Some folks have reported good results filling voids in the foam core of Royalex with Gorilla Glue or JB Weld.

If the crack extends all the way through I would apply patches on both sides. I usually prefer aramid on the interior and S fiberglass on the exterior but Dynel will work. With fiberglass and aramid I usually use a two layer patch, but Dynel soaks up a good bit of epoxy and 2 layers might be rather thick. You will need to use at least two, and possibly three epoxy applications if you want to completely fill the weave of the Dynel for a smooth patch.
 
 
  Exterior Only
  Posted by: Offside on May-06-14 1:19 PM (EST)
The crack is on the exterior of the boat only.

I have some JB Weld laying around, I may look into this process for filling the void. I also have Gorilla Glue so that would always be an option.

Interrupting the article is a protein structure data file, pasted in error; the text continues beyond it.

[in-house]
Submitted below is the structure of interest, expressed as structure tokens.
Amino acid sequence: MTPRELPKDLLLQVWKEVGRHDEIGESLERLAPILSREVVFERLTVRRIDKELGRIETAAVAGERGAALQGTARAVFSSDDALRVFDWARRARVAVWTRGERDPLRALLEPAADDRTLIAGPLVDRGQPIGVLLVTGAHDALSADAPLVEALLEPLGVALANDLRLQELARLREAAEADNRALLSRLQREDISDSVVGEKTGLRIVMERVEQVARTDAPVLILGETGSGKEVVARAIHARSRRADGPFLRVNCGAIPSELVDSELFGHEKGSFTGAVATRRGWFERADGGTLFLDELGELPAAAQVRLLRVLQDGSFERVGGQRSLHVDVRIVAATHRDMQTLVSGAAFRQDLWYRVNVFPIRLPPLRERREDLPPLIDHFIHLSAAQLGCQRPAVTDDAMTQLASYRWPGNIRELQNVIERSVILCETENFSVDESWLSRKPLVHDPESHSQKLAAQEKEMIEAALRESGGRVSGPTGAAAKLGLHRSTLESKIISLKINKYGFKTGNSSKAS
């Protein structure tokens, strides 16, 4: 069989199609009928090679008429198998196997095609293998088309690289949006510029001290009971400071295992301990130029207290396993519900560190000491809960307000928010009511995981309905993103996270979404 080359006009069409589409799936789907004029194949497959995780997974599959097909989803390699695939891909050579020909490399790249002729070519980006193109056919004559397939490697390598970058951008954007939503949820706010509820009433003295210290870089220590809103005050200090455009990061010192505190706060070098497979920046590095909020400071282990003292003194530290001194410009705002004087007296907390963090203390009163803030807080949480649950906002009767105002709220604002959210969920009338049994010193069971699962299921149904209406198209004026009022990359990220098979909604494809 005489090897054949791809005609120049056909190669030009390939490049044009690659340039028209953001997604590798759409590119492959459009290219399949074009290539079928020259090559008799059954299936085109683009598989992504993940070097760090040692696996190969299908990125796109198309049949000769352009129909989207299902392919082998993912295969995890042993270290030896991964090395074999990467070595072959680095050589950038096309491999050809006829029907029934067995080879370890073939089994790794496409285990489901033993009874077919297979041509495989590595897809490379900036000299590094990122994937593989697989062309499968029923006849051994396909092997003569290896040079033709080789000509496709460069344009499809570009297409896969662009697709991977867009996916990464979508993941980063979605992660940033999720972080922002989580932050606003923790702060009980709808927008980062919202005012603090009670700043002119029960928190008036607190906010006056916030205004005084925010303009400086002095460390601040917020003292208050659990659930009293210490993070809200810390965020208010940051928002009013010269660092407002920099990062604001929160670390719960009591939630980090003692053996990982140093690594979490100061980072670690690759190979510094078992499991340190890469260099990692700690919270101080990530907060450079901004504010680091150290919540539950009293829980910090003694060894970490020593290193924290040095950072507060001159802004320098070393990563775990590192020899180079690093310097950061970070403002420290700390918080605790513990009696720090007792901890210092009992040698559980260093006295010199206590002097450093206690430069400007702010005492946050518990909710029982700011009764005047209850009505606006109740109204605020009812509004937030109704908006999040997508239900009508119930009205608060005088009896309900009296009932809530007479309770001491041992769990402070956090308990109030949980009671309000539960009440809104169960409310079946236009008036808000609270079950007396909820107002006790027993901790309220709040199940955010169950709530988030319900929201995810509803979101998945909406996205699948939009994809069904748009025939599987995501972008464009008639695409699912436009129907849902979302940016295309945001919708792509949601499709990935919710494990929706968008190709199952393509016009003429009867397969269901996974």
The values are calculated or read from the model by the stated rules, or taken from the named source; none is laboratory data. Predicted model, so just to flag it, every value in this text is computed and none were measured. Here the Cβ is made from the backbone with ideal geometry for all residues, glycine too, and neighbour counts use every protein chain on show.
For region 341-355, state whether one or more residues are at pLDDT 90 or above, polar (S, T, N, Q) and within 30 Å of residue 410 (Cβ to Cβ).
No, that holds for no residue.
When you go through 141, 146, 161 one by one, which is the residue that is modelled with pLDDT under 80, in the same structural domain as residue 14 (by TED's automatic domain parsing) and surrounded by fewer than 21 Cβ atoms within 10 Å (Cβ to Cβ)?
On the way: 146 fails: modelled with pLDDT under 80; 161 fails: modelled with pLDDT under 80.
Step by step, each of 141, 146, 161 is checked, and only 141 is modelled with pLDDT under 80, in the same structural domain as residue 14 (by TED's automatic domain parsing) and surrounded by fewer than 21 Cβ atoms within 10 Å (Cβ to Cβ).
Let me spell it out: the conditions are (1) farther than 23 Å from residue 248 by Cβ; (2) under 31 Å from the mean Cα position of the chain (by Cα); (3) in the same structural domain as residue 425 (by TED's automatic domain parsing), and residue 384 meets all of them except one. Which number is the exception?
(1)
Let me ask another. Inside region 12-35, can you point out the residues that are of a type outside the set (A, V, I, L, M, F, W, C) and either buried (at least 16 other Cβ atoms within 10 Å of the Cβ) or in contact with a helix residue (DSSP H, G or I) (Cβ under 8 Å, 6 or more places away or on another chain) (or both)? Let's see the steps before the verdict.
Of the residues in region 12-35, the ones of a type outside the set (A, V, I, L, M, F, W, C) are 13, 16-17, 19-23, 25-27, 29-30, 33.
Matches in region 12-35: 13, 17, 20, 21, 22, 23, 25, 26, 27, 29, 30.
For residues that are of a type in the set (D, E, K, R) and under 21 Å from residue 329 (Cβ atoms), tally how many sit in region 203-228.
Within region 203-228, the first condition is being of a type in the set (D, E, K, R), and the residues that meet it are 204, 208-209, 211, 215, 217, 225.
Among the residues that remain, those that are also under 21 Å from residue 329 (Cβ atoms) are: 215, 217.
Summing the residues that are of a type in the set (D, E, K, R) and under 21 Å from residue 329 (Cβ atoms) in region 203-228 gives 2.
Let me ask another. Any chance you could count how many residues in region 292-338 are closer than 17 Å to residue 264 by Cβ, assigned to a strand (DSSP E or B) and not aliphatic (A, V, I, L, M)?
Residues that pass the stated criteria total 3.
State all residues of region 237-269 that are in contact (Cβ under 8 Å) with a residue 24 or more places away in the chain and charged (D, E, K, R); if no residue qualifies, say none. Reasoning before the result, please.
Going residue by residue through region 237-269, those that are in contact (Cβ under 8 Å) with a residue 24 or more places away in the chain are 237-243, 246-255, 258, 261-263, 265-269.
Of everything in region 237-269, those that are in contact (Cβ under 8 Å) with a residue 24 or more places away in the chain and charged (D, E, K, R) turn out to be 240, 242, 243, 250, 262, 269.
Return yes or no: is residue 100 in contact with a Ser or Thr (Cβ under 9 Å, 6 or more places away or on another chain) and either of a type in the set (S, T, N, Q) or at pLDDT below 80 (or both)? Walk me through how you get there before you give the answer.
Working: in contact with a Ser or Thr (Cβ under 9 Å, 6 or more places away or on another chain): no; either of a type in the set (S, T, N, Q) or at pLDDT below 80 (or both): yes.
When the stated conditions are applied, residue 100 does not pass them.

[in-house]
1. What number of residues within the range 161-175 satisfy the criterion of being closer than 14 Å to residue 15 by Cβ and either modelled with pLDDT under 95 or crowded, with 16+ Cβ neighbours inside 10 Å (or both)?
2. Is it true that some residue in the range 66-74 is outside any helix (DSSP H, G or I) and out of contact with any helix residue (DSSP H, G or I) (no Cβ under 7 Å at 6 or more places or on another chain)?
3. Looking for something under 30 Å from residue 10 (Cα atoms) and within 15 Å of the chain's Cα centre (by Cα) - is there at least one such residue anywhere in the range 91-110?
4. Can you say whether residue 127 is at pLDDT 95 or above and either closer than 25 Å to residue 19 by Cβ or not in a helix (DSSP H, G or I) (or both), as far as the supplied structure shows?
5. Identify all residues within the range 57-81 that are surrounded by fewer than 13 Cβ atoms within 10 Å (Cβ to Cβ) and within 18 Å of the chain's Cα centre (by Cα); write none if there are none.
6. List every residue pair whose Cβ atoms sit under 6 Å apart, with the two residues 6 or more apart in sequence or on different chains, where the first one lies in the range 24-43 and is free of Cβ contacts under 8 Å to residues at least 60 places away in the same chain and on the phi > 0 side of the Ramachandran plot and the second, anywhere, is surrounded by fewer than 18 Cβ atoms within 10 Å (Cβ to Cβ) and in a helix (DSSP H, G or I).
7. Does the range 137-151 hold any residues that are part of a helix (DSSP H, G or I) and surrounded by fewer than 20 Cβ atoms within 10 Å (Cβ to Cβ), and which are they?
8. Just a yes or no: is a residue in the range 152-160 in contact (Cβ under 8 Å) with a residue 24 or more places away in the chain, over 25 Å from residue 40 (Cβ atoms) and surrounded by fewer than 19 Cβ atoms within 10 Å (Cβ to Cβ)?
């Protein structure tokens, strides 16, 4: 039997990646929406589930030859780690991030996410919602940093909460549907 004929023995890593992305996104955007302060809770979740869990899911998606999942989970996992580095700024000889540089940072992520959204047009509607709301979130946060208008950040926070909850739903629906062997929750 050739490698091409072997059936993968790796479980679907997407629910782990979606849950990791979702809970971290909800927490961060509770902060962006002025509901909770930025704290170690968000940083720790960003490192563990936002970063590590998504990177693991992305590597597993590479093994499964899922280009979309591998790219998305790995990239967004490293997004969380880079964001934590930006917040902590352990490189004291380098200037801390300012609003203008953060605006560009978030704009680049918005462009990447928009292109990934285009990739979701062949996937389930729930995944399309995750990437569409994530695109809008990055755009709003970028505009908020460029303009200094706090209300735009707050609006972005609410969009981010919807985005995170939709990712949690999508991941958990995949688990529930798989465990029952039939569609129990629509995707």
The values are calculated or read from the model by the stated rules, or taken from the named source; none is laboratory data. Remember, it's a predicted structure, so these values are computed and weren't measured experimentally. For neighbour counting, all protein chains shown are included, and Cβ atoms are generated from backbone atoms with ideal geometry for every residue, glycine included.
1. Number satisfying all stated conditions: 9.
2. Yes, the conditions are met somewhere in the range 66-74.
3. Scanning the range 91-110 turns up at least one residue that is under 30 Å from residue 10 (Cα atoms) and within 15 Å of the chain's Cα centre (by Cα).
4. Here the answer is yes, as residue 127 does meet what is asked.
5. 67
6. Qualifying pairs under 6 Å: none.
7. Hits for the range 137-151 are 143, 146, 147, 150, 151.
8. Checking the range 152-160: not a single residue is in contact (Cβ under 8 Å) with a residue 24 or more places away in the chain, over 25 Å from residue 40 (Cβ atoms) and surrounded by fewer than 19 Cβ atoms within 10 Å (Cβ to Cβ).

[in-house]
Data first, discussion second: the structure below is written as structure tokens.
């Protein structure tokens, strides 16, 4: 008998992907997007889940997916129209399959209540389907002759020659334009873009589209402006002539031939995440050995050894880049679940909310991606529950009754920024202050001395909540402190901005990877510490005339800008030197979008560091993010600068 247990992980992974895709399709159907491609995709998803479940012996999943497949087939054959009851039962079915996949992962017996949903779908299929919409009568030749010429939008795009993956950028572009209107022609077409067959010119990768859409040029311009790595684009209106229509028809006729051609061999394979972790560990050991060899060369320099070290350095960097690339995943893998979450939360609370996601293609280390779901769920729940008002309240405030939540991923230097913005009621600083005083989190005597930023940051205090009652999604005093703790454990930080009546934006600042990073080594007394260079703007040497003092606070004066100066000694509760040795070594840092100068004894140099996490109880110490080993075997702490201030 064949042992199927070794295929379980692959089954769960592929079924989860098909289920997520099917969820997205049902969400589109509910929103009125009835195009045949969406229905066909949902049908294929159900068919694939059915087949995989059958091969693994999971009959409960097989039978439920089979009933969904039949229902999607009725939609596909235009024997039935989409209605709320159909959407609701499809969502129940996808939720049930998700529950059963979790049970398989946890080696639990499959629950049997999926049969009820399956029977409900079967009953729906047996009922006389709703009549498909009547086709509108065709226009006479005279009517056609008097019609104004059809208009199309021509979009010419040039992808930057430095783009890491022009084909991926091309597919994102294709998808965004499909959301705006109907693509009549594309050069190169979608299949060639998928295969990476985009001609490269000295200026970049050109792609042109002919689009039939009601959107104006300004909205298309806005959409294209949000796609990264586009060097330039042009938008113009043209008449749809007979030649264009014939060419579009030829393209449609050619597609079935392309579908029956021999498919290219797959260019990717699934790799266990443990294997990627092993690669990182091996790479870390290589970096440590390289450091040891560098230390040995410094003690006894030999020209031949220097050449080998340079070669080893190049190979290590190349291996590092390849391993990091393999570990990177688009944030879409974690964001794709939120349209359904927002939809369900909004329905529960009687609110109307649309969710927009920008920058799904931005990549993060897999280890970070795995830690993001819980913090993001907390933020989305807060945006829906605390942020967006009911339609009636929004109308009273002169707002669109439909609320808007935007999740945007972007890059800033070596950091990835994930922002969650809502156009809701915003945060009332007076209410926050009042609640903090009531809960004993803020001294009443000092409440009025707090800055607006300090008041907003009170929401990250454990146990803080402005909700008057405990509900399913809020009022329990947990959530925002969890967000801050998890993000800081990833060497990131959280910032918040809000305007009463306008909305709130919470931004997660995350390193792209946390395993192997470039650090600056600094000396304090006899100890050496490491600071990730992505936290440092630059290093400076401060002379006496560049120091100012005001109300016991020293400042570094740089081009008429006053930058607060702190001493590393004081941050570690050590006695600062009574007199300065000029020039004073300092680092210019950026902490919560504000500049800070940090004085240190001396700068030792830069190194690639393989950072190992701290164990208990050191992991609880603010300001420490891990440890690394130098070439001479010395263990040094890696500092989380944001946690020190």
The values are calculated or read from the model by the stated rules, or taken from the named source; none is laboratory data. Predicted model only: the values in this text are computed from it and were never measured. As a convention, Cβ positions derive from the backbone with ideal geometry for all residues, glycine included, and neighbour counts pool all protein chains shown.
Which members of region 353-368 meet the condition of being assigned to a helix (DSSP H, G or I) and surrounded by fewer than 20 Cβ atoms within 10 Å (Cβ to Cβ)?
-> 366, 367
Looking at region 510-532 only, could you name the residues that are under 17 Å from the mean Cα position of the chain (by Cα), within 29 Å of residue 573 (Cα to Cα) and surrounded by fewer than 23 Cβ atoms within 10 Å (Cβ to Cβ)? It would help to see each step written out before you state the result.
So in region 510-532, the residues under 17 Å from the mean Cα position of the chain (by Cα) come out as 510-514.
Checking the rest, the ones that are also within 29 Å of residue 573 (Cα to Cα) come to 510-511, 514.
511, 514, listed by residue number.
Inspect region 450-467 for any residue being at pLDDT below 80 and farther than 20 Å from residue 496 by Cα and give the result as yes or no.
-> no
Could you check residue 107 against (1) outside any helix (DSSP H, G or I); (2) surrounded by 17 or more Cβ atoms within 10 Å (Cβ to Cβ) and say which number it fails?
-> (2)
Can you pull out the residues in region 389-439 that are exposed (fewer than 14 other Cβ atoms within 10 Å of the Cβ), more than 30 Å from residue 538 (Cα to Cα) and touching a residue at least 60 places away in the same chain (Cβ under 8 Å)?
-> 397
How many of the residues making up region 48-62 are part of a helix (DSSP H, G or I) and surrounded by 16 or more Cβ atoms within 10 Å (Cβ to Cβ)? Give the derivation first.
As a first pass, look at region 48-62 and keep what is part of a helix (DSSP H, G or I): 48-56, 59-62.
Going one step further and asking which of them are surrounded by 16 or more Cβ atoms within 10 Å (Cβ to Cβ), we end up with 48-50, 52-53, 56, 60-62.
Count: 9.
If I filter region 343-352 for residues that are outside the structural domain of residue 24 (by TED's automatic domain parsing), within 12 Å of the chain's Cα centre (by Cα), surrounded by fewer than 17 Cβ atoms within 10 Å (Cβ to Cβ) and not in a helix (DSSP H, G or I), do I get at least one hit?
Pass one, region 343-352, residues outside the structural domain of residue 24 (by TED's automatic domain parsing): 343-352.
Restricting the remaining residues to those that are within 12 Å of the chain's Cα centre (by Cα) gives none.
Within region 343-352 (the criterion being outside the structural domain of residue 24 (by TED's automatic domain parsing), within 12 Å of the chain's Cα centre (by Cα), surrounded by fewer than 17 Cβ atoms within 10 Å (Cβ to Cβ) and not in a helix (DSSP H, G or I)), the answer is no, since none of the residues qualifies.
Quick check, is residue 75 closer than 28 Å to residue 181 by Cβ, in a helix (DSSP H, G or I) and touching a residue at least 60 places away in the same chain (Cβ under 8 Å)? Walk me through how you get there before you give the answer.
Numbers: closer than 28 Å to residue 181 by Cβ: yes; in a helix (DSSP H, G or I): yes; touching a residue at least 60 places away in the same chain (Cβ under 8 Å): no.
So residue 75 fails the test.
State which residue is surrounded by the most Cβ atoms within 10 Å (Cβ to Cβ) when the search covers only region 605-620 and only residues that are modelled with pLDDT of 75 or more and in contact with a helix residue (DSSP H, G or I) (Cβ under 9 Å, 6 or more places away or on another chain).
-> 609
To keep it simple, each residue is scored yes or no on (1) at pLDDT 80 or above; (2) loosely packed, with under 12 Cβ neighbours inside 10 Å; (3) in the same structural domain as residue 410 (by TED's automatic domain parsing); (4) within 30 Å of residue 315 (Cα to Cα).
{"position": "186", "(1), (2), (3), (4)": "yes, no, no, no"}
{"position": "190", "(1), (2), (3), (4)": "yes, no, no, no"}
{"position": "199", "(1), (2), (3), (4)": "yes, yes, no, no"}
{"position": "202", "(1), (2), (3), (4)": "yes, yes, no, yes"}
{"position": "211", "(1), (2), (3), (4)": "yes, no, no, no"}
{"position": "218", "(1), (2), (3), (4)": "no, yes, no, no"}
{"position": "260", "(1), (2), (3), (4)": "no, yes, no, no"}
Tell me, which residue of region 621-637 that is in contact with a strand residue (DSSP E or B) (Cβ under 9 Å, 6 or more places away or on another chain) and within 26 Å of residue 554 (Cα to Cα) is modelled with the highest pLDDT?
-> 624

Thanks,
kru
 
 
  fix royalex
  Posted by: ppine on May-06-14 1:23 PM (EST)
Nice post by pblanc.
 
 
  Two coats of epoxy is different...
  Posted by: Offside on May-06-14 1:26 PM (EST)
from what I have done in the past with the kevlar. I would just wet the kevlar and roll it out and let it dry in place. With two coats of epoxy on the dynel, would I wet the cloth and place it, then let it dry. Once dry would I apply the second coat, let it dry and sand?

Thanks,
kru
 
 
  Dynel
  Posted by: pblanc on May-06-14 4:25 PM (EST)
I know a lot of folks like to first wet out their cloth on a transparent plastic surface, then transfer the wet cloth to the hull and I can see that makes some sense if you are applying a multi-layer patch. When I try this I usually find it messier and somewhat harder to keep the cloth properly aligned as it is laid out on the hull.